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European labour market flexibility reforms: a longitudinal study of change and continuity.

Flanding, Jens (2016) European labour market flexibility reforms: a longitudinal study of change and continuity. PhD thesis, London School of Economics and Political Science.

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Debate about European labour market flexibility enhancing reforms and lack thereof has a tendency to be dominated by economics arguments. This thesis advances the debate by going beyond the economics arguments to ask the political science question: what explains the political ability (or inability) to enact flexibility enhancing reforms in European countries from the early 1980s to the global recession of 2008? Answering the question, this thesis argues that the ability to enact reforms is best explained by a combination of traditional political-economy pressures for reforms and political-electoral motivations of party leaders in government. The argument is supported by a longitudinal analysis of European and country specific reforms using mixed-methods – i.e. quantitative and qualitative research – and employment protection legislation (EPL) as a proxy for reforms, the latter being warranted because of EPLs political salience as a reform target prior to 2008. First, a quantitative cross-country reform-hazard analysis arrives at significant economic and political explanations for reforms, which include a country’s social model, unemployment rate and economic growth. Then, a qualitative analysis of the trajectory of EPL and functionally linked labour market reforms combines the quantitative results with a broader political understanding of reforms for Germany, the UK and Denmark as country cases where reforms were enacted, and France as a case where only limited or contradictory EPL reforms were put in place during the period covered by this thesis. The thesis adds robustness to the literature showing most pre-2008 global recession reforms were at the margin, targeting non-regular employment parts of European labour markets. However, overall, the thesis provides a political understanding of the European reform trajectory, suggesting that economic arguments rarely on their own stand up as determinants of reforms. The implications for future research are that the enactment of flexibility enhancing reforms should be treated more explicitly as the outcomes of political decisions and less as reactive steps to economic predictions or political economy pressures for reforms, even if the latter continues to play a role in bringing reforms onto the political agenda.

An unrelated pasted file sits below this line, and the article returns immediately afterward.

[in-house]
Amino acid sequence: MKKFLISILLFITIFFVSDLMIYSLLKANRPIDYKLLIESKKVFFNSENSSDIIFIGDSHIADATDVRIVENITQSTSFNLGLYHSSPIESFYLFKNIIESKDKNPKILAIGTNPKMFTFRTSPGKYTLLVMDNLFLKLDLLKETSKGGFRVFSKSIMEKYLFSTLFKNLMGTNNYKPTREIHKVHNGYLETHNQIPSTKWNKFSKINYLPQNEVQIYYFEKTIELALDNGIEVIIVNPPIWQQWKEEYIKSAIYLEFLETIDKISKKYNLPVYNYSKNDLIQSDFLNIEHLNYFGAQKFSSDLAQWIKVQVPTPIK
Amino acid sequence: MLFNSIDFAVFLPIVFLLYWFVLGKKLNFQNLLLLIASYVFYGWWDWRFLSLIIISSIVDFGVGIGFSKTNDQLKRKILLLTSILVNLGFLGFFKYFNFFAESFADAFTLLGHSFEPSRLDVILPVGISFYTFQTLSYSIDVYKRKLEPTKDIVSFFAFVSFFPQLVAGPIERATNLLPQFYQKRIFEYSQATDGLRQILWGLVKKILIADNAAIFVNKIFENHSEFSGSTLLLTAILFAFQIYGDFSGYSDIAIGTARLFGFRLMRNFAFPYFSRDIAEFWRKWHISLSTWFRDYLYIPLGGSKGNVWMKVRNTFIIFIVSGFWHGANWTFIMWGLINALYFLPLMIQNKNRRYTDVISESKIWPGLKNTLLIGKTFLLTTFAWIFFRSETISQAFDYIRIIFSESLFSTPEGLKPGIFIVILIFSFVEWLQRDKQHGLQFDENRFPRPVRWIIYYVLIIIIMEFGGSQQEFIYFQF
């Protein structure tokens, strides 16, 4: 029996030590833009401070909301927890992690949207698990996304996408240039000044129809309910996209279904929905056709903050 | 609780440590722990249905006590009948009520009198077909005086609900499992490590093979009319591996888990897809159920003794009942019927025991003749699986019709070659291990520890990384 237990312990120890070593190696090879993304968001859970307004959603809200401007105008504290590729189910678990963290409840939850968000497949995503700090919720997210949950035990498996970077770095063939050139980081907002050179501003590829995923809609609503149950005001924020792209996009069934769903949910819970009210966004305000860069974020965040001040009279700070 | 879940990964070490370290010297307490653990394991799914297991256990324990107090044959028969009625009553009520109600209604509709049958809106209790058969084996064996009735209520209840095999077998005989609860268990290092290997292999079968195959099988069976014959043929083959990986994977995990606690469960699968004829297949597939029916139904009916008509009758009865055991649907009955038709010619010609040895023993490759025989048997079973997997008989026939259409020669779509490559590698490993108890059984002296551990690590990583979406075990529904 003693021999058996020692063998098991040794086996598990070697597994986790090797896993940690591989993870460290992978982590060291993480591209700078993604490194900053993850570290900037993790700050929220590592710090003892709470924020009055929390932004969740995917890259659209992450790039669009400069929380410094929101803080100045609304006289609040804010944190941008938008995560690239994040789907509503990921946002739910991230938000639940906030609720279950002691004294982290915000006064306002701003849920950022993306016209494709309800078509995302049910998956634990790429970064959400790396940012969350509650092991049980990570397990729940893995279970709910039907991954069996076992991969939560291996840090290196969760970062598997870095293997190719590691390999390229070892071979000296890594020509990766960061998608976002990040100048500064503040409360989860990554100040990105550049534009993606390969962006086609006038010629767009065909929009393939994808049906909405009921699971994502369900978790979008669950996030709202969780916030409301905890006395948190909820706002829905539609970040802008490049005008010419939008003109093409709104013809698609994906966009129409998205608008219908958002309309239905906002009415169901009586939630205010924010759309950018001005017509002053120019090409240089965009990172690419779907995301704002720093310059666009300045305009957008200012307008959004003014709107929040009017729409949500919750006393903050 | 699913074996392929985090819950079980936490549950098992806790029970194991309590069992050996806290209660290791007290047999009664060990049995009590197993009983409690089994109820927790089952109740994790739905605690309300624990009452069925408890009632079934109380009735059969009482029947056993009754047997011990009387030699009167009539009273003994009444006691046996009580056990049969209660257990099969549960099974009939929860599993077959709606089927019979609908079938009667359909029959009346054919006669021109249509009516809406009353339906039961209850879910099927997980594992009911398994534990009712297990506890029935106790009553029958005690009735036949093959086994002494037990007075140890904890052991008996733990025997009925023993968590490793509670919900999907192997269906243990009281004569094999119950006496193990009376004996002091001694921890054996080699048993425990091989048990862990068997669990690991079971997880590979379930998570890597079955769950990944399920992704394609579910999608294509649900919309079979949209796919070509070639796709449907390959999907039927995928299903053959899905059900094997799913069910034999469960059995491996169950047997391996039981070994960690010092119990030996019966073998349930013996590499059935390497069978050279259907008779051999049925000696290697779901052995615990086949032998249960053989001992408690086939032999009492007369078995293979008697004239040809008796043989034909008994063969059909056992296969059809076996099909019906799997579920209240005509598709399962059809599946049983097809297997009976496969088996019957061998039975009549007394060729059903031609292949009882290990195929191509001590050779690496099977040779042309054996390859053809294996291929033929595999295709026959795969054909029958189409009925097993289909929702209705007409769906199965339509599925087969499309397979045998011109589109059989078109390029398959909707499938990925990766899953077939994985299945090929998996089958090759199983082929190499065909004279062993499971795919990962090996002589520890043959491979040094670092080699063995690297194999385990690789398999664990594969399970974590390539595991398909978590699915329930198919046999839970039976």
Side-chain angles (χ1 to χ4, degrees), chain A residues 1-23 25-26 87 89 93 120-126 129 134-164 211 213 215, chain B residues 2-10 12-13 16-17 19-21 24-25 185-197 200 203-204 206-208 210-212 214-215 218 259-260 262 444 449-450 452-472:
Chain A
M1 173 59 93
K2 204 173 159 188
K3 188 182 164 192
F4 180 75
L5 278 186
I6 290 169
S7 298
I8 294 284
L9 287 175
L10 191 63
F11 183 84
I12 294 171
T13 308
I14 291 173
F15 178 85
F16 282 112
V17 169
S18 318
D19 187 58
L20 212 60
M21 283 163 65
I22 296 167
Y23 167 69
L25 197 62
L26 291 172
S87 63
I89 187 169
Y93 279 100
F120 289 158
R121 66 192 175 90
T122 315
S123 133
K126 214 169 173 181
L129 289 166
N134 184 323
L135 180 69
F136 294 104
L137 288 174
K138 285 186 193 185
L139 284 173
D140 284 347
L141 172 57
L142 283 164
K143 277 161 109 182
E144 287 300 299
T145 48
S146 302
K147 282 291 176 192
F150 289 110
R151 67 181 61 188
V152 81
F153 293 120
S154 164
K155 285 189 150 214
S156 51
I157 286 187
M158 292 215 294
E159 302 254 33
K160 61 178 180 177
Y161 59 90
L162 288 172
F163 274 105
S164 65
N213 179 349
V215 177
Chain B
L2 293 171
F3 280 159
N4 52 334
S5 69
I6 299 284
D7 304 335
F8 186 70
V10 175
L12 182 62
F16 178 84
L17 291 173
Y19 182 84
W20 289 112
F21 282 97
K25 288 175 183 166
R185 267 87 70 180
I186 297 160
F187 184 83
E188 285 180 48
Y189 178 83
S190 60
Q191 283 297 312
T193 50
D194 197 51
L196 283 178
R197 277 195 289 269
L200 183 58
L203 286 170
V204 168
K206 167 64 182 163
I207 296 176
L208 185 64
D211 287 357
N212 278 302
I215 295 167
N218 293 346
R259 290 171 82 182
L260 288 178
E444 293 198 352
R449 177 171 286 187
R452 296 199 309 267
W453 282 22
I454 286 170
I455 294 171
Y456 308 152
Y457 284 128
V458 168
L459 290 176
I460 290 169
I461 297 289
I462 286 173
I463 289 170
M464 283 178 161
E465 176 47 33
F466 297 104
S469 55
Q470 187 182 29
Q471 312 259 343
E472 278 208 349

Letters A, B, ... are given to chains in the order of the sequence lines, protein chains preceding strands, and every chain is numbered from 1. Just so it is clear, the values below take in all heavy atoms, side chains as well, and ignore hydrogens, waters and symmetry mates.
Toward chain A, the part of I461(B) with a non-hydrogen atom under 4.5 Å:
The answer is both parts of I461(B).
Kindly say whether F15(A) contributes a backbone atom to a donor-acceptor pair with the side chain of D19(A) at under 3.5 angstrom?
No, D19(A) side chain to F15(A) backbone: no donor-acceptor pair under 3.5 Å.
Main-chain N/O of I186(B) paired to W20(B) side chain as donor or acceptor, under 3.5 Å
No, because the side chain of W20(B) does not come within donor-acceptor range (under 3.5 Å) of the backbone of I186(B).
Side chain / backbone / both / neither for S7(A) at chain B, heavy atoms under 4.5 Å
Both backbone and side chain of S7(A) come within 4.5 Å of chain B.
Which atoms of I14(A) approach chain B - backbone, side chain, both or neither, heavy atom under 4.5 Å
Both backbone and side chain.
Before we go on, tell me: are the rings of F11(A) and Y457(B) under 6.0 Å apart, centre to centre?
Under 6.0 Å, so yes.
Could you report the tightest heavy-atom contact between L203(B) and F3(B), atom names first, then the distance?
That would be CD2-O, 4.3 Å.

Item Type: Thesis (PhD)
Additional Information: © 2016 Jens Peter Kongsmark Flanding
Library of Congress subject classification: H Social Sciences > HD Industries. Land use. Labor
Sets: Departments > Government
Supervisor: Hopkin, Jonathan and Hix, Simon

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